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An Interview with Emily Ferrell


Emily Ferrell's work is the definition of relaxing. A musician as well as an animator and editor, Emily's work has a certain cohesiveness-- everything she makes has a similar tranquility. This is to be expected from the lofi genre, but unlike lesser lofi musicians, Emily's music is truly transportive. Sure, Foggy Dreams could be played in the background while you study or work, but it also functions as a stand-alone piece you can get lost in, if you surrender yourself to the experience. In fact, most of the time, if I put Emily's music on while doing other tasks, I find myself getting distracted by its beauty. In the interview below, Emily says that her music often influences her other artistic pursuits, and it's not hard to imagine why. The sonic worlds that she creates enrapture the listener in a unique sonic universe.


What work are you most proud of?

Music wise - I put a lot of emotion and work into Peanut Butter, Foggy Dreams and Froyo and Lily Pads. Some people don’t know that I also create sound for film. I’m really proud of this movie that I was a foley assistant for called My Soul To Keep (2019).


What has been the most transformative experience of your life?

Honestly, when my mom passed in 2018, my whole perspective on life changed and my music changed with that experience as well. My music had more effort, emotion and meaning.


What attracts you to the lofi genre?

I feel that lofi matches my overall chill demeanor. I was very into it in college and as I was learning music production at the same time, I thought, “Hey, why don’t I give this lofi a try?” And I’ve been creating ever since.


In addition to music, you’re also an animator and an editor. How do your other artistic endeavors influence your music (if at all)?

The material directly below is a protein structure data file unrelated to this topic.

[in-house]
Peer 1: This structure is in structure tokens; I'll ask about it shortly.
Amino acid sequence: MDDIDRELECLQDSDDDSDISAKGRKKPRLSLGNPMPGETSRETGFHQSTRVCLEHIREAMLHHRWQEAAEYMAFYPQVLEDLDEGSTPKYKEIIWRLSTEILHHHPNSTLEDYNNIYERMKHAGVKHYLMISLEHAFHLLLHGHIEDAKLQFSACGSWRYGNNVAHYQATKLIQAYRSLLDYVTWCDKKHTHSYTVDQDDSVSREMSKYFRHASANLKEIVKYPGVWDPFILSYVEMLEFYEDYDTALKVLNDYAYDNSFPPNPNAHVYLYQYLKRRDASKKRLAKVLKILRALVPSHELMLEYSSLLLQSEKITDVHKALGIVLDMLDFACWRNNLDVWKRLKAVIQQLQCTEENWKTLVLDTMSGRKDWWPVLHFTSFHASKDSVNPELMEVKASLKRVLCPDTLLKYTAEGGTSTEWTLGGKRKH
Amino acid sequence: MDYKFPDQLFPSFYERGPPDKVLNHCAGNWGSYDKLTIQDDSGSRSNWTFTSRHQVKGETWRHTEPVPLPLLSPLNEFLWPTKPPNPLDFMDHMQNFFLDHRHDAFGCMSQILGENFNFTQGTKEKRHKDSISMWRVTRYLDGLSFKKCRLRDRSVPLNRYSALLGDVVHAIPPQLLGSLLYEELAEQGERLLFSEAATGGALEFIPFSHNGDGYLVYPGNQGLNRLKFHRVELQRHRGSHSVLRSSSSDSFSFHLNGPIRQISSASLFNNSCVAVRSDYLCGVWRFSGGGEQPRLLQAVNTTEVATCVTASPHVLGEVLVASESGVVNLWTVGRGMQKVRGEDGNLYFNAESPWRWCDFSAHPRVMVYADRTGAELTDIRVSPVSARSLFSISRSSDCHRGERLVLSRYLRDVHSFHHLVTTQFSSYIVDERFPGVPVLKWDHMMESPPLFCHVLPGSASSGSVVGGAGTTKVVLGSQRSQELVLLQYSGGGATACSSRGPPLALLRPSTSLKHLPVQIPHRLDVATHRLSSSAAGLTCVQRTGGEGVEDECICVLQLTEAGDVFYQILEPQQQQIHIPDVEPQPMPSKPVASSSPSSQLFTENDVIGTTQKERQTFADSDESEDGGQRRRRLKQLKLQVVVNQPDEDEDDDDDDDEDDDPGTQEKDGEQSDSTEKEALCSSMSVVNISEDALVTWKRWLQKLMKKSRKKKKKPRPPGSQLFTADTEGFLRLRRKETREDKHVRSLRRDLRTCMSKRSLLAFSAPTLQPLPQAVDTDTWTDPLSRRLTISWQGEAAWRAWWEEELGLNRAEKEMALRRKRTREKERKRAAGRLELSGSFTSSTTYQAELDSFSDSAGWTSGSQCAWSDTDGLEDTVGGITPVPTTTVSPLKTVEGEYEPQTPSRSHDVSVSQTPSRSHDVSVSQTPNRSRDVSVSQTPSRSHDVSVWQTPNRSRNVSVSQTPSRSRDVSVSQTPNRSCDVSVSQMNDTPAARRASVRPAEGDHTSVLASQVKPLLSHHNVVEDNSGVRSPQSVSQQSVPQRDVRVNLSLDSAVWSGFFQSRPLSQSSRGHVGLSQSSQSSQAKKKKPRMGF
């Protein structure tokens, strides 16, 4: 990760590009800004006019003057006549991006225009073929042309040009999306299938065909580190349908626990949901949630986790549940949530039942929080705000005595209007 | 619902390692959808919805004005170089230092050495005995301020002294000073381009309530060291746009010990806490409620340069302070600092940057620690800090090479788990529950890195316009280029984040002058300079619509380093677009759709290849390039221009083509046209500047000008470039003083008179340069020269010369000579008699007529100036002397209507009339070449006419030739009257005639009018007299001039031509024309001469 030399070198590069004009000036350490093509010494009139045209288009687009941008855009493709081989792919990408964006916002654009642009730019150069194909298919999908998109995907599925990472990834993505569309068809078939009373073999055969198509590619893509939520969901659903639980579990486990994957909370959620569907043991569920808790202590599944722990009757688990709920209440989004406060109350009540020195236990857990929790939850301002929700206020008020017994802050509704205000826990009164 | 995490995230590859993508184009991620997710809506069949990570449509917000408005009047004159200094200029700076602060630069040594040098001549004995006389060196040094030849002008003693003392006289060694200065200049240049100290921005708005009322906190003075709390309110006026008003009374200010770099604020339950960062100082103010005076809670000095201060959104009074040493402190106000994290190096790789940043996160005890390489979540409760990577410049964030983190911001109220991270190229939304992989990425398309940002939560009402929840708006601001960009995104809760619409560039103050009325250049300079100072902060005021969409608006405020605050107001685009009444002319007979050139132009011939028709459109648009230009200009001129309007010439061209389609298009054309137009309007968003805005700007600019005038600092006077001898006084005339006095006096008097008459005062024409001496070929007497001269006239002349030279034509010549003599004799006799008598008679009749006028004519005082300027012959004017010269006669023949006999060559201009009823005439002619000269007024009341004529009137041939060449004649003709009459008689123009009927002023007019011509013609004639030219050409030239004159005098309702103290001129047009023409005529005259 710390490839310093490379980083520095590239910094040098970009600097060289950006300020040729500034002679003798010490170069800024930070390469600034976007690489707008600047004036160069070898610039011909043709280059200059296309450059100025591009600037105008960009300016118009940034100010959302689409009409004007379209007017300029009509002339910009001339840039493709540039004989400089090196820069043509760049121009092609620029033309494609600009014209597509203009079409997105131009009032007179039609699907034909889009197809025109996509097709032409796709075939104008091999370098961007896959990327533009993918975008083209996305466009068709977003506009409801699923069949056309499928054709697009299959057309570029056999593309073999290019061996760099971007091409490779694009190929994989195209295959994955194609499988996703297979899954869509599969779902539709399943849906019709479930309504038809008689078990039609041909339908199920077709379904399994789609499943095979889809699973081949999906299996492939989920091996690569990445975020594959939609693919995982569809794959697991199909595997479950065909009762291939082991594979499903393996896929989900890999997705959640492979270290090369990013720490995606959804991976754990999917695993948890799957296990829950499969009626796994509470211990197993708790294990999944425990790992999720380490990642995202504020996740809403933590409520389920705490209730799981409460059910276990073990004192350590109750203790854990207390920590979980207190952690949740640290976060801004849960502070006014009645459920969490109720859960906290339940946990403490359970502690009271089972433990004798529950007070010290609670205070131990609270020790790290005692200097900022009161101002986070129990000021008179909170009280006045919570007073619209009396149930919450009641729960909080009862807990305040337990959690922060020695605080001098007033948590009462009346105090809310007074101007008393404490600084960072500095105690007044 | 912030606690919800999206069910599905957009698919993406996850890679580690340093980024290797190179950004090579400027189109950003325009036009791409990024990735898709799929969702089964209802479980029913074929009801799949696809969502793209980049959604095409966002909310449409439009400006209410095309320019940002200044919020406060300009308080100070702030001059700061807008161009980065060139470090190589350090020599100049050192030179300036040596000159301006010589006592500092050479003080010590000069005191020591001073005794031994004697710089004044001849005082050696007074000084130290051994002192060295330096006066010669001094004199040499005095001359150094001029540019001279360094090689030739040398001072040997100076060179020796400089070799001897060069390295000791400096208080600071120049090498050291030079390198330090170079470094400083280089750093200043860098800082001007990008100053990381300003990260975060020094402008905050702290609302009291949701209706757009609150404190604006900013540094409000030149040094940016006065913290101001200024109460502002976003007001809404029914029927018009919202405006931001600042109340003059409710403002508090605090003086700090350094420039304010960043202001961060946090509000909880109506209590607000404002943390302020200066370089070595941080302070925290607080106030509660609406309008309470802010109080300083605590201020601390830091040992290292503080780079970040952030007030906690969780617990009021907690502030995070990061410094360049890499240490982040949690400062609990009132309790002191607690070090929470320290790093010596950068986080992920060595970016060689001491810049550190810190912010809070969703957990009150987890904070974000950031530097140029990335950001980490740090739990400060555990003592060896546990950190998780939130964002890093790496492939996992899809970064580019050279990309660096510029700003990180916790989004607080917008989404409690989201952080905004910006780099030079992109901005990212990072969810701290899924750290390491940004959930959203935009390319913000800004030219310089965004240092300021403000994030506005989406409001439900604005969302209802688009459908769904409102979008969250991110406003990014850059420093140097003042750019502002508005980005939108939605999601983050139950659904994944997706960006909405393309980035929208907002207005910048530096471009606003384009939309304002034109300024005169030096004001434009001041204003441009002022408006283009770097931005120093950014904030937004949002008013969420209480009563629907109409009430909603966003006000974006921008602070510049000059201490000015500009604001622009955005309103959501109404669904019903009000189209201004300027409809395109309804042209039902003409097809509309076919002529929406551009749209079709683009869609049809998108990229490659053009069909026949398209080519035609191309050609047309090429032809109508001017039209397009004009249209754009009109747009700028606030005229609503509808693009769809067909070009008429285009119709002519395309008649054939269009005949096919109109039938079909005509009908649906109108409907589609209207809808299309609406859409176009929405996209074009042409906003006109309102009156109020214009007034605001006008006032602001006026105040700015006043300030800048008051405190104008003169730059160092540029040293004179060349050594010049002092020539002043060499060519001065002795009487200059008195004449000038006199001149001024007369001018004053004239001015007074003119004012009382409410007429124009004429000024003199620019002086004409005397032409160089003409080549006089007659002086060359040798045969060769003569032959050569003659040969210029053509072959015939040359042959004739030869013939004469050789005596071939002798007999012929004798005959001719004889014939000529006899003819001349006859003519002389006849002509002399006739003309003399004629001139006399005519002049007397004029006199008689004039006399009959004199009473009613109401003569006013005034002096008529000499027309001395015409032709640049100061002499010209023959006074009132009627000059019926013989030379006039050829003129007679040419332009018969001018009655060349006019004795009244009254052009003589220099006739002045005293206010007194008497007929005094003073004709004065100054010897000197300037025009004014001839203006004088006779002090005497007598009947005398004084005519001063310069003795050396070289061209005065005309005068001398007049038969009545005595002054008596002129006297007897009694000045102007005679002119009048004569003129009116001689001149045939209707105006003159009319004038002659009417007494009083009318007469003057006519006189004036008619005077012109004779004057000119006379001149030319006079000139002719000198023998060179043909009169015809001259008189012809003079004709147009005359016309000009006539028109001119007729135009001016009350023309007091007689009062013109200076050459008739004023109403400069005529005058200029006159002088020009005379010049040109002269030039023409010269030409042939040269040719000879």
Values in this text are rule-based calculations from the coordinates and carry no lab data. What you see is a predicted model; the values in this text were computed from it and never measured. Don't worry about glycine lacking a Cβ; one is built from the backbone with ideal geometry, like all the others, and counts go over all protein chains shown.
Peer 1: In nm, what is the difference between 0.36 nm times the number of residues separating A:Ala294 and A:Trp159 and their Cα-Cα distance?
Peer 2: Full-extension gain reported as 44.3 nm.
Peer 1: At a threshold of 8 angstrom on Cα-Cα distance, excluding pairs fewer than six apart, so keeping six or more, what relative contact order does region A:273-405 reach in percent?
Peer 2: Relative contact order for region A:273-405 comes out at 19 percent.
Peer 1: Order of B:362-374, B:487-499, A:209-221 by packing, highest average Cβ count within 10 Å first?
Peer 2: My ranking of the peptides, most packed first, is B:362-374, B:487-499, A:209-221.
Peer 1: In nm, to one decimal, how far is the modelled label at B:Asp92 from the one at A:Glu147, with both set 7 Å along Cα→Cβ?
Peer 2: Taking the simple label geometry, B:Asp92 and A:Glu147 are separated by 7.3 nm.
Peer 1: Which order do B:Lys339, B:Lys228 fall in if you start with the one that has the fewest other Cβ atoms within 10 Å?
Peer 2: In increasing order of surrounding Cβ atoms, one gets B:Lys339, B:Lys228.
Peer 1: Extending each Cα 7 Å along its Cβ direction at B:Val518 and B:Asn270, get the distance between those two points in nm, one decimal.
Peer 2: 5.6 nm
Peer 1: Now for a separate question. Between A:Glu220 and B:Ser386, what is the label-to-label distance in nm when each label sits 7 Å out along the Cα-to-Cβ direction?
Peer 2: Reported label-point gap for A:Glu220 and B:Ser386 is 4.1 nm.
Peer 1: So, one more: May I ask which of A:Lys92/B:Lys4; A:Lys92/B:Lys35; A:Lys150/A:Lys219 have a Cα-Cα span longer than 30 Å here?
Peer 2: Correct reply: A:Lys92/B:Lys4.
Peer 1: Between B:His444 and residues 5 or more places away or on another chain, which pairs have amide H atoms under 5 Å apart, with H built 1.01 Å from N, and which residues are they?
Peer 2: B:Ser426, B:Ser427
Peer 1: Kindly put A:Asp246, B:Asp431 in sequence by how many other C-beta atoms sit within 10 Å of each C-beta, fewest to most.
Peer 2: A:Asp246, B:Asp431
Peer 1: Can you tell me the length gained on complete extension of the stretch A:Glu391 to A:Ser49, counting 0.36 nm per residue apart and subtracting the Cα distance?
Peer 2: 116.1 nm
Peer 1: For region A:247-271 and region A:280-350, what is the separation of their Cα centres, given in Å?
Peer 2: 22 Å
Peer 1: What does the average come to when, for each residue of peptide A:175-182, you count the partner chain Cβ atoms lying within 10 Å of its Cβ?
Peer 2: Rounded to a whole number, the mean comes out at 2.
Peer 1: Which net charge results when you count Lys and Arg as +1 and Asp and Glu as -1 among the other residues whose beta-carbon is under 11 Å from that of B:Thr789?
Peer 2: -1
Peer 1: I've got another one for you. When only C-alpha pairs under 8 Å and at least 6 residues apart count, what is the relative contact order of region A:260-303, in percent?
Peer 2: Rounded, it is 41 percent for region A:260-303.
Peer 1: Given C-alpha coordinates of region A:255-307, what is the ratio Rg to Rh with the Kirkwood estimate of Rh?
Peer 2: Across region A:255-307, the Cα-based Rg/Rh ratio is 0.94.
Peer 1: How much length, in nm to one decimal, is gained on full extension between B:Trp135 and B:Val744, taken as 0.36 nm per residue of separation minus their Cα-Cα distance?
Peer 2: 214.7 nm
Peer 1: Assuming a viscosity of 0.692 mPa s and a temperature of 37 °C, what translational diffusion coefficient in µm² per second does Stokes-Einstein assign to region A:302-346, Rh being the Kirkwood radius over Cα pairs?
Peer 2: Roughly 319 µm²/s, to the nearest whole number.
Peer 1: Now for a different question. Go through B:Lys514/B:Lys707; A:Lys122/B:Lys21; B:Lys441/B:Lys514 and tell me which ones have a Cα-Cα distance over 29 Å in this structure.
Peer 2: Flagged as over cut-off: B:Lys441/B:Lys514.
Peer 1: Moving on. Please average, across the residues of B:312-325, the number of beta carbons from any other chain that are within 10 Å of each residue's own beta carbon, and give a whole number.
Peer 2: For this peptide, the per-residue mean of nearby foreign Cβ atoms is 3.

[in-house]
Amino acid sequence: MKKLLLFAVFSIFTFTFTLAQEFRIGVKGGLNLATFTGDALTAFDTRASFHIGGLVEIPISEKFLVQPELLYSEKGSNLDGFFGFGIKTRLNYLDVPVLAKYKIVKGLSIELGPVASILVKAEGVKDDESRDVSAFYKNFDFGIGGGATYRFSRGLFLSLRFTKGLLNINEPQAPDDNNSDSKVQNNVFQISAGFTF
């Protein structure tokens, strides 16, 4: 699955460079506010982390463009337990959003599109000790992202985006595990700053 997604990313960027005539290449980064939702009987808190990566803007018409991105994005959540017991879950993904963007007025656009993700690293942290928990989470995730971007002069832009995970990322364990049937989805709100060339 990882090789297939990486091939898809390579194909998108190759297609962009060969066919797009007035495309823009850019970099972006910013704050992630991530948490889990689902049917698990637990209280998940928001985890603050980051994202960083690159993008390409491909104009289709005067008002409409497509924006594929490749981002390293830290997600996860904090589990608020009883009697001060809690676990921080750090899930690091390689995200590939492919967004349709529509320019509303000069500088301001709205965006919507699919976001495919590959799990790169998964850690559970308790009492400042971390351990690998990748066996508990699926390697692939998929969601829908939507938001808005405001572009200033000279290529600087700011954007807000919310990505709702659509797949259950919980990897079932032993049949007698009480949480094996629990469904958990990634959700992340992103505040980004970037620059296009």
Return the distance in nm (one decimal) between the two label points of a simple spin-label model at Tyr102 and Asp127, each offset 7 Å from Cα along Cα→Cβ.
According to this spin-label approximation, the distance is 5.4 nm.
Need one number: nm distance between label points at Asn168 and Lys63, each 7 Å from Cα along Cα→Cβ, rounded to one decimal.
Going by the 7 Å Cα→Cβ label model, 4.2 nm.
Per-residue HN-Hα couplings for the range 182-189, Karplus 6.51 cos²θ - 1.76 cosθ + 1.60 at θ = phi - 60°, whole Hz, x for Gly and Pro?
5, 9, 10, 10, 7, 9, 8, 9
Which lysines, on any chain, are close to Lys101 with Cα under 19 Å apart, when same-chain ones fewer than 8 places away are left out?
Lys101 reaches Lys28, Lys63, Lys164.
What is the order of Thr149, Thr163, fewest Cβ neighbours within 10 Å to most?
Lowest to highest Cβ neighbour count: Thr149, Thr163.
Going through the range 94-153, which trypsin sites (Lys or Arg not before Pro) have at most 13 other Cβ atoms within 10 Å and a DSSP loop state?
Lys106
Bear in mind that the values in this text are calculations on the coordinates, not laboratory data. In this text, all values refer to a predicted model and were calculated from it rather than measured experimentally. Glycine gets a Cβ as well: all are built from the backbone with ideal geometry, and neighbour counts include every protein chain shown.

I would say that my music influences my other artistic endeavors. After I made Foggy Dreams, I started to create a full animation music video solely based on the visions I perceived from the song. It still has yet to be released due to animation taking FOREVER. Editing is a little different for me. I took classes on both editing for film and music editing for film. I think the two really go hand-in-hand. For one of my very last college projects, I shot and edited my own music video for the song Buttercup by Jack Stauber. The vibes of the music gave me inspiration to create something I never knew I could create. That video can been seen on my Instagram under the Editing story highlight!


Who are your inspirations and what lessons have they taught you?

My inspirations are all of my former teachers and mentors at Academy of Art University. They taught me that we CAN be something in this world and hard work and passion for what you do really pays off. Huge shoutout to Steve Romanko, Mike Axinn and Noemi Zeigler.


How do you think your work will change in the future?

I would like to get the necessary equipment for a better quality production in the future, along with opening my own recording studio/jam space for other artists! I also would like to see my name in the sound department in movie credits.


What advice would you give to your younger self?

I never stuck with anything, so the advice I would give to myself would be to find something you love and stick with it, don’t give up just because it’s hard.